Guest's picture
Jane's Defense

I did a google video search of a "vicious dog barking" and found a great one about 2 minutes long. Nice deep growls and serious barking. I then downloaded it and played it on Real Player very loudly, hit the "continuous play" option, and VIOLA, I am a security dog owner. Obviously since I own my home and am a safe noise distance away from other neighbors, I can do this without upsetting people around me. The only folks who hear it are the ones standing near doors or windows of my house. It makes them think twice. It's free and uses stuff you already have.

Make a regular floor light into a security light by buying a screw in motion sensor adapter for your flood lights in the backyard. Keep the light on all the time, and it will only light up when you need it (when you are out there or Tyrone the Crackhead lurks). These are cheap and easy- screw into the light socket before you screw in your bulb. $10-ish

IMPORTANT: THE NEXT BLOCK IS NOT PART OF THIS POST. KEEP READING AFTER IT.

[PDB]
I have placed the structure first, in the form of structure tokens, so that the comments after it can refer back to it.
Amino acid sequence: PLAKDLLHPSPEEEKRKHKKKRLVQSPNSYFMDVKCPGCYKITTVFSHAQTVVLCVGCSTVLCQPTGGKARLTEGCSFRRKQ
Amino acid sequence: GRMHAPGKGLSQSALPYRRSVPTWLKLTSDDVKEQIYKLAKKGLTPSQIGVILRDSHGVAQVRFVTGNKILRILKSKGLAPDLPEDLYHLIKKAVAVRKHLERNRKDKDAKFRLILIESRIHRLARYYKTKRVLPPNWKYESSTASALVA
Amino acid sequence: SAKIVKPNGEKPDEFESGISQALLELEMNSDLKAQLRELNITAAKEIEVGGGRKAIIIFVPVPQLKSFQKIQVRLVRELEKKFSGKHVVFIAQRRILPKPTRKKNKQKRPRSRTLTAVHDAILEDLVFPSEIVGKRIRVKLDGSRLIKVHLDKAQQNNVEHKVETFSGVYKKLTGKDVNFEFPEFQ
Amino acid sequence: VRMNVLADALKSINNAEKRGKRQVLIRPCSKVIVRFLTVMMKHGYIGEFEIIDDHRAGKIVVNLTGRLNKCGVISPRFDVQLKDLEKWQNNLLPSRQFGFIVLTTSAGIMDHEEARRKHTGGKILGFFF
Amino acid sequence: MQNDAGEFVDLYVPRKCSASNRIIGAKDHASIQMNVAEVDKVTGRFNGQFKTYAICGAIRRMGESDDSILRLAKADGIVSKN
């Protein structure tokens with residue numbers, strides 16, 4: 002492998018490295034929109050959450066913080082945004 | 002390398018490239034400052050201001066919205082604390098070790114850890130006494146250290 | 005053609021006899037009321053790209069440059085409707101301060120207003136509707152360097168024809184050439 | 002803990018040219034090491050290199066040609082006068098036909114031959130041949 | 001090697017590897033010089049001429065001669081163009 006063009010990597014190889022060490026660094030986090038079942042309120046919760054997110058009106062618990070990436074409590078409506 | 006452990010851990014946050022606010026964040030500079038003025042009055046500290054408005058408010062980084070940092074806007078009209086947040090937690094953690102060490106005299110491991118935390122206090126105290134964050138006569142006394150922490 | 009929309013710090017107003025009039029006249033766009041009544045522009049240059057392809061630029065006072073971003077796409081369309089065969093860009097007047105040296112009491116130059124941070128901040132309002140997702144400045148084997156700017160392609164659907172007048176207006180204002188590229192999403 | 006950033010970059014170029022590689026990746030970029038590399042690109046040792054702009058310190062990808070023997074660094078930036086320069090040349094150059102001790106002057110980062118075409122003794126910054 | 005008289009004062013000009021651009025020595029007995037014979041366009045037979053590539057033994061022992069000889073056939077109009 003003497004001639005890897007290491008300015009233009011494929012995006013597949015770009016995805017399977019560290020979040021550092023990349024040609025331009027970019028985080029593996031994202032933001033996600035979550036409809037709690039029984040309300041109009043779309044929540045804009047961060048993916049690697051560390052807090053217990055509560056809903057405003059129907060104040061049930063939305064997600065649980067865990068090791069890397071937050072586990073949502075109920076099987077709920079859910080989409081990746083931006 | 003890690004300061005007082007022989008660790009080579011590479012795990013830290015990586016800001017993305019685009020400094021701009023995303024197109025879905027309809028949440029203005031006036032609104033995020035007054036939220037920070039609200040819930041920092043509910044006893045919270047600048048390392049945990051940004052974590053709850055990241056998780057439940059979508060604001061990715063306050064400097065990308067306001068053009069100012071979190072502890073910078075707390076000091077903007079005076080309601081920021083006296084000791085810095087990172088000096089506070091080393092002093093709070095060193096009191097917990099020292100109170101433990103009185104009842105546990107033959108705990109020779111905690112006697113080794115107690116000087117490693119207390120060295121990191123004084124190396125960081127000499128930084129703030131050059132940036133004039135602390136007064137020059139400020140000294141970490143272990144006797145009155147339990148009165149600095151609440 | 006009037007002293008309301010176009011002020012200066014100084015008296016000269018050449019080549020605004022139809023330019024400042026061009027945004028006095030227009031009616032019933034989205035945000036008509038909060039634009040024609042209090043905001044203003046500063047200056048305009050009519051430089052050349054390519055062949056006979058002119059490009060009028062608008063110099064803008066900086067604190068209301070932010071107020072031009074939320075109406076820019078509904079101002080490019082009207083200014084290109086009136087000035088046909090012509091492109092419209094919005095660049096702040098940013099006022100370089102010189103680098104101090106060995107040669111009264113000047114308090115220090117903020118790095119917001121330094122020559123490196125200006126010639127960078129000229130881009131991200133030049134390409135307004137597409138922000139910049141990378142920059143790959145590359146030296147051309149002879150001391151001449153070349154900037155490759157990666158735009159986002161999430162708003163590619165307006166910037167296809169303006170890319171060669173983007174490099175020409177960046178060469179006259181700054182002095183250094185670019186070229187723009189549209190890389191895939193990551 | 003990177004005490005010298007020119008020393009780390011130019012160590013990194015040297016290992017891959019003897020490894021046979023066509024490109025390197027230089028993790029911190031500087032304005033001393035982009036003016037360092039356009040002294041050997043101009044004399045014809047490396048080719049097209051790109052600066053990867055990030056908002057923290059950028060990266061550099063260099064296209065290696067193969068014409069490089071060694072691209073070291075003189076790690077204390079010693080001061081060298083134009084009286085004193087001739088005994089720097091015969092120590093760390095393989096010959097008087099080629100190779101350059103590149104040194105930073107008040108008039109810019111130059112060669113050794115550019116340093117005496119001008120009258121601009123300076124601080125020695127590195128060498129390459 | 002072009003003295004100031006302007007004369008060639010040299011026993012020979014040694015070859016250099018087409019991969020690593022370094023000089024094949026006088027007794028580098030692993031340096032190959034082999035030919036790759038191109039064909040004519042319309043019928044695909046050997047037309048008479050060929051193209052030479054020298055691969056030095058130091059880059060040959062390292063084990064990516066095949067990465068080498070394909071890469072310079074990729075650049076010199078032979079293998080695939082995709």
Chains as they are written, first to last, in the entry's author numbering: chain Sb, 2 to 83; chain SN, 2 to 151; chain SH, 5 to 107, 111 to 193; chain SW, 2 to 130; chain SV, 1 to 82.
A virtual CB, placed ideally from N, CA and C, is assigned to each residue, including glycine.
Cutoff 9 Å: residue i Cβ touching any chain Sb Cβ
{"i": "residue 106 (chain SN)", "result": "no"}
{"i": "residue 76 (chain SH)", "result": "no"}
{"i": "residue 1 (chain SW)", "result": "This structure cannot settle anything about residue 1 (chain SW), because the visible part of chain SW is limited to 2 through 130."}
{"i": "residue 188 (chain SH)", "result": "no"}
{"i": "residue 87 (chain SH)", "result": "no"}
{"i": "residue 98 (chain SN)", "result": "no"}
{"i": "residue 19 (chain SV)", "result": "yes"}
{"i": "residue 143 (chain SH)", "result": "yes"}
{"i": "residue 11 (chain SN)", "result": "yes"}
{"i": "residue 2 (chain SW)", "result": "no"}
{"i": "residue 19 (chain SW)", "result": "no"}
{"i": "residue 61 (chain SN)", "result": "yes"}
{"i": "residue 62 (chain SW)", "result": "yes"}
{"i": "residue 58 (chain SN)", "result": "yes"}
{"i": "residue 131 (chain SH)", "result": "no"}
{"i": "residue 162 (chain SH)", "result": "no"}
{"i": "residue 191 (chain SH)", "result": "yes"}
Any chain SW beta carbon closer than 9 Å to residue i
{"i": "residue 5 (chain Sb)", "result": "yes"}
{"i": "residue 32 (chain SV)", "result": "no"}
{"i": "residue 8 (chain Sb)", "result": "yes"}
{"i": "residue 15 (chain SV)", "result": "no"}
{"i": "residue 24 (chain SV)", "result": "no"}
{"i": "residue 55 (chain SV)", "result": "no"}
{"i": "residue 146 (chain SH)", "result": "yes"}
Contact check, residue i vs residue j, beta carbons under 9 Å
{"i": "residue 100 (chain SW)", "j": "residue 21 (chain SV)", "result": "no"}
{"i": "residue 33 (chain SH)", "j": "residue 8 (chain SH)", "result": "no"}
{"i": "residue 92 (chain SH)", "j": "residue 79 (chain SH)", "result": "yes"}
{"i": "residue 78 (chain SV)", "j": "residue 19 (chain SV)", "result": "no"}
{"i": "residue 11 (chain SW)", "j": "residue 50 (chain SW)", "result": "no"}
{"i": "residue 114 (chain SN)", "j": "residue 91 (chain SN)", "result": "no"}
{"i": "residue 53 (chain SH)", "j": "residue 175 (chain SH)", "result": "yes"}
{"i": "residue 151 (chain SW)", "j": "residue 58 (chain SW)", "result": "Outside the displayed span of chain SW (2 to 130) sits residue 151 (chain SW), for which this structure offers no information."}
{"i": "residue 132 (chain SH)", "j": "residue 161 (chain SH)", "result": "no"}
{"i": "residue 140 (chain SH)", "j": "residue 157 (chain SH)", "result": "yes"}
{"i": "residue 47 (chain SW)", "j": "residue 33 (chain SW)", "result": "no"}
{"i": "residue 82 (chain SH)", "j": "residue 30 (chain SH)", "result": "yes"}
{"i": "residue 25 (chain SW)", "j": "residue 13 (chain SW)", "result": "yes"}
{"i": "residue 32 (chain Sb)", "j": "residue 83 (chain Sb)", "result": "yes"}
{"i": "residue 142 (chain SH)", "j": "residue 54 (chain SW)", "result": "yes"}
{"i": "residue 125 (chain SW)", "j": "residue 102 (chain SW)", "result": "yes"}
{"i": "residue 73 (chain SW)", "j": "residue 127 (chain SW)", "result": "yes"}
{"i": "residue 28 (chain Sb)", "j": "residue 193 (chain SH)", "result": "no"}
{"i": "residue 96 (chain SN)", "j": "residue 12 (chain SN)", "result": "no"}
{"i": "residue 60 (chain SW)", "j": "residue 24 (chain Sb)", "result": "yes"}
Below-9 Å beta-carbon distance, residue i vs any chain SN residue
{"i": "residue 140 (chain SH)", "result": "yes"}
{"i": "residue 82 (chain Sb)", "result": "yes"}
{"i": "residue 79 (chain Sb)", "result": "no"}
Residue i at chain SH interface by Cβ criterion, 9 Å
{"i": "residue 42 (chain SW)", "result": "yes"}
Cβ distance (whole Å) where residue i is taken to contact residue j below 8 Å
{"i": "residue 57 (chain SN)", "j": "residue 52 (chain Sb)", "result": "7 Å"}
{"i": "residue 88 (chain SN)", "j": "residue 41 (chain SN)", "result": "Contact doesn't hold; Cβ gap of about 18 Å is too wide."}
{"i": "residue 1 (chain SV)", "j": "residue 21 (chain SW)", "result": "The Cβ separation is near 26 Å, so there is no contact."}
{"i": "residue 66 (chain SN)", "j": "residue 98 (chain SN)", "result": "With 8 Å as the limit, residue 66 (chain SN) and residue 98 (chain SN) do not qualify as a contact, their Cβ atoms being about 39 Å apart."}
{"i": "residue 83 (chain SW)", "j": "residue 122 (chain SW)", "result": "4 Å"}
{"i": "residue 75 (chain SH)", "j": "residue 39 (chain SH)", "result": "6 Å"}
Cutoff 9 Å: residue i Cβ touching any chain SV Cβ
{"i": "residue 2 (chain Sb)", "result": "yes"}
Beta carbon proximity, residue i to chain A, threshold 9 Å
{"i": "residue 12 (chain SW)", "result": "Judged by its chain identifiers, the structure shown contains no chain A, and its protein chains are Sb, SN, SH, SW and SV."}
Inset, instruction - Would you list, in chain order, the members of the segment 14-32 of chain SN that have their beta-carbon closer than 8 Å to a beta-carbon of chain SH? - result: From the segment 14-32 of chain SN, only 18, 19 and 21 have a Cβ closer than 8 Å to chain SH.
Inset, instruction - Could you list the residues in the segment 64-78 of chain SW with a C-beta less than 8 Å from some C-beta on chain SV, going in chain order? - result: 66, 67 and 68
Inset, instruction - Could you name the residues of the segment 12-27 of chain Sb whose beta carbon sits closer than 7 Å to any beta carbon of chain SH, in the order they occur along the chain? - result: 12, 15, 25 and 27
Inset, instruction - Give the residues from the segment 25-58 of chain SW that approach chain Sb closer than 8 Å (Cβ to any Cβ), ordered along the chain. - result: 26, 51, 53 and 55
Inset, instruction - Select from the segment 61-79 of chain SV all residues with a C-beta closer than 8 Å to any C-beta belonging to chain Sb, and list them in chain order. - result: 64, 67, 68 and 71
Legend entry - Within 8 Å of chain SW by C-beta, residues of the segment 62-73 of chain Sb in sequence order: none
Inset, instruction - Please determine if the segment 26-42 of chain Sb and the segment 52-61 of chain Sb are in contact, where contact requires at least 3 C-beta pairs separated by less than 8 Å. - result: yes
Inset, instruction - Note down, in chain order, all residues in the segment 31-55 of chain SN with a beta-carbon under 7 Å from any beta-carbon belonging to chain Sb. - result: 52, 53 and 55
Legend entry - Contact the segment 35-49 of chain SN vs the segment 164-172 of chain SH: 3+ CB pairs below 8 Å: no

My local phone company installed a not that pricey security system and monitors it, and my fire alarms for $14.99 a month. That's cheap and it's armed always. I am very safe in my house in da' hood.

I bought cheap ($65) glow in the dark keypad entry bump-proof deadbolts for all my external doors. I type in my numerical combo and I don't have to fiddle with keys (leaving me vulnerable to attack from behind at night). People walking by see the keypad and they are intimidated by the sophisticated looking security; they even comment on it.

I give homemade jellies and jams to my neighbors and try to be very polite to them. Contractors working on my house have reported my neighbors come over to ask what they are doing messing with my house. Never underestimate the power of the social network. You do not have to be best pals and have beers together. Just have each others' backs. Homemade strawberry jam or something else homemade= $5. People you can trust= priceless.

Guest's picture